Bruns Soil Microbial Ecology Lab
Our research group investigates soil- and plant-associated microbial communities, especially populations involved in nutrient cycling and biogeochemical transformations of redox-active elements like N, Fe, and Mn.
Important functional groups include free-living, associative, and symbiotic N2 fixers, nitrifiers, denitrifiers, mycorrhizal fungi, and other taxa involved in micronutrient availability and pathogen suppression. We use cultural, metagenomic, and biochemical techniques to gain understanding of microbial responses to management in the field and to more controlled conditions in soil mesocosms. Of particular interest are soil conditions resulting from climate-adaptive agricultural practices, such as reduced tillage and cover cropping. Edaphic conditions, such as increased soil organic carbon, water-holding capacity, and sustained biological activity, may support underexplored microbial metabolisms important in nutrient cycling and delivery to plants. We want to learn how plants, soils, and their associated microorganisms can be managed to improve soil health, plant growth, and ecosystem resilience.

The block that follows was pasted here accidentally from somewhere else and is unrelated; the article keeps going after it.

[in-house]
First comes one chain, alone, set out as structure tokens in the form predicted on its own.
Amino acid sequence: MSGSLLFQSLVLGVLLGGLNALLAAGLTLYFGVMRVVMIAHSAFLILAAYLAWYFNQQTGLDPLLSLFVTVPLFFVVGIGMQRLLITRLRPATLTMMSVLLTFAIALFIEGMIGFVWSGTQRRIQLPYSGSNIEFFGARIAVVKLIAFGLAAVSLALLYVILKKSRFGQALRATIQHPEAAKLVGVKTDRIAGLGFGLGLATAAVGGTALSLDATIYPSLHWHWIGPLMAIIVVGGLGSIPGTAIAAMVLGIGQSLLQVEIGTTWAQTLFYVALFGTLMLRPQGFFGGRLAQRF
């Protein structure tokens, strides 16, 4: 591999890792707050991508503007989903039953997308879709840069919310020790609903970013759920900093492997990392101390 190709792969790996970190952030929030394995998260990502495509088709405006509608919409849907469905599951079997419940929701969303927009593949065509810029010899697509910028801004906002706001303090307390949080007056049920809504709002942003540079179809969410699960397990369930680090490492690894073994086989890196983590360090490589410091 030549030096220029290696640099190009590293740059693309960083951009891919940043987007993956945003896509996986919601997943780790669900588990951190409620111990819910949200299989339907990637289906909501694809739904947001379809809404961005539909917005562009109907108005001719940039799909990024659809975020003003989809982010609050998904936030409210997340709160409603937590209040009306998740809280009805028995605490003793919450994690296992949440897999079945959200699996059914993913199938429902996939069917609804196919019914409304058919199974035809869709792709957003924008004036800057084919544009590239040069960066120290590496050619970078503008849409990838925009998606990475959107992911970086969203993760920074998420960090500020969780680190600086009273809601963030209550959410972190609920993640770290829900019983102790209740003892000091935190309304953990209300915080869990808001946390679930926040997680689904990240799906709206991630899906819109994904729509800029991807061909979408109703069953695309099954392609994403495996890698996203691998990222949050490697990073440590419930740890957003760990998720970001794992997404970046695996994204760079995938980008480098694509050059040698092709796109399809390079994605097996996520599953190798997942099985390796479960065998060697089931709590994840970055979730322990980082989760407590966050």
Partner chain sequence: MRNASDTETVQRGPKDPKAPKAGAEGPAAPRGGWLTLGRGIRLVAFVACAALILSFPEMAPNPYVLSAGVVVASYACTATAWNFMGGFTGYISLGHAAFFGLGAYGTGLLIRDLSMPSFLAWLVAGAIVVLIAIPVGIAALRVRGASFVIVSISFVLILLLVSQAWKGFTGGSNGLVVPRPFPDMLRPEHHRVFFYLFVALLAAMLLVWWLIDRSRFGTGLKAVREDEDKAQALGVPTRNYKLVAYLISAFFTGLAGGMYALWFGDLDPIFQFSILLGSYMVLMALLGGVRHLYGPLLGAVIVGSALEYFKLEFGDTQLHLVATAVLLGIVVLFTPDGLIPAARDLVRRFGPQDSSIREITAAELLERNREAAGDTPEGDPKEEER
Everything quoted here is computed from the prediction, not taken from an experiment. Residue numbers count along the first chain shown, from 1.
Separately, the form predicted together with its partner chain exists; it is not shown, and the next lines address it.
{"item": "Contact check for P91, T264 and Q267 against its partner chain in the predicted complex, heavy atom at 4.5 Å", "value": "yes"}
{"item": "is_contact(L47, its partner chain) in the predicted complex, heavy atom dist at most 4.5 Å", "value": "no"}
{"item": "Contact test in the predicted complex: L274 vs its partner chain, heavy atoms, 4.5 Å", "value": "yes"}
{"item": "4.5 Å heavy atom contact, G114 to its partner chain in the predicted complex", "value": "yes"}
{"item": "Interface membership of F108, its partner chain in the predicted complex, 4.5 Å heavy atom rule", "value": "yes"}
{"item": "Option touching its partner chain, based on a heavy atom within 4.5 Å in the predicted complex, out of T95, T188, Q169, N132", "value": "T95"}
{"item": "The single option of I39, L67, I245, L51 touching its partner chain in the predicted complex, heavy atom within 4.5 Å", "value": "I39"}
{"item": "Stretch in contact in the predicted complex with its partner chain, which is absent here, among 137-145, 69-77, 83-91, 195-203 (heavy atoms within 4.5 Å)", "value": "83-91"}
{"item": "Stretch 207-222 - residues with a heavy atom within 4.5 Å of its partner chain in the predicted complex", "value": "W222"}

- N2 fixation and modulation of inorganic N by cyanobacterial crusts on arable soils
- Effects of labile carbon and soil management (tillage, cover cropping, manure application) on nitrite ammonification and denitrification
- Cover crop diversity impacts on arbuscular mycorrhizal abundance and colonization
- Soil fertility management that promotes beneficial plant-microbe interactions
- Effects of sorghum rhizosphere populations on cold tolerance
- Identifying the most useful and informative methods to assess soil health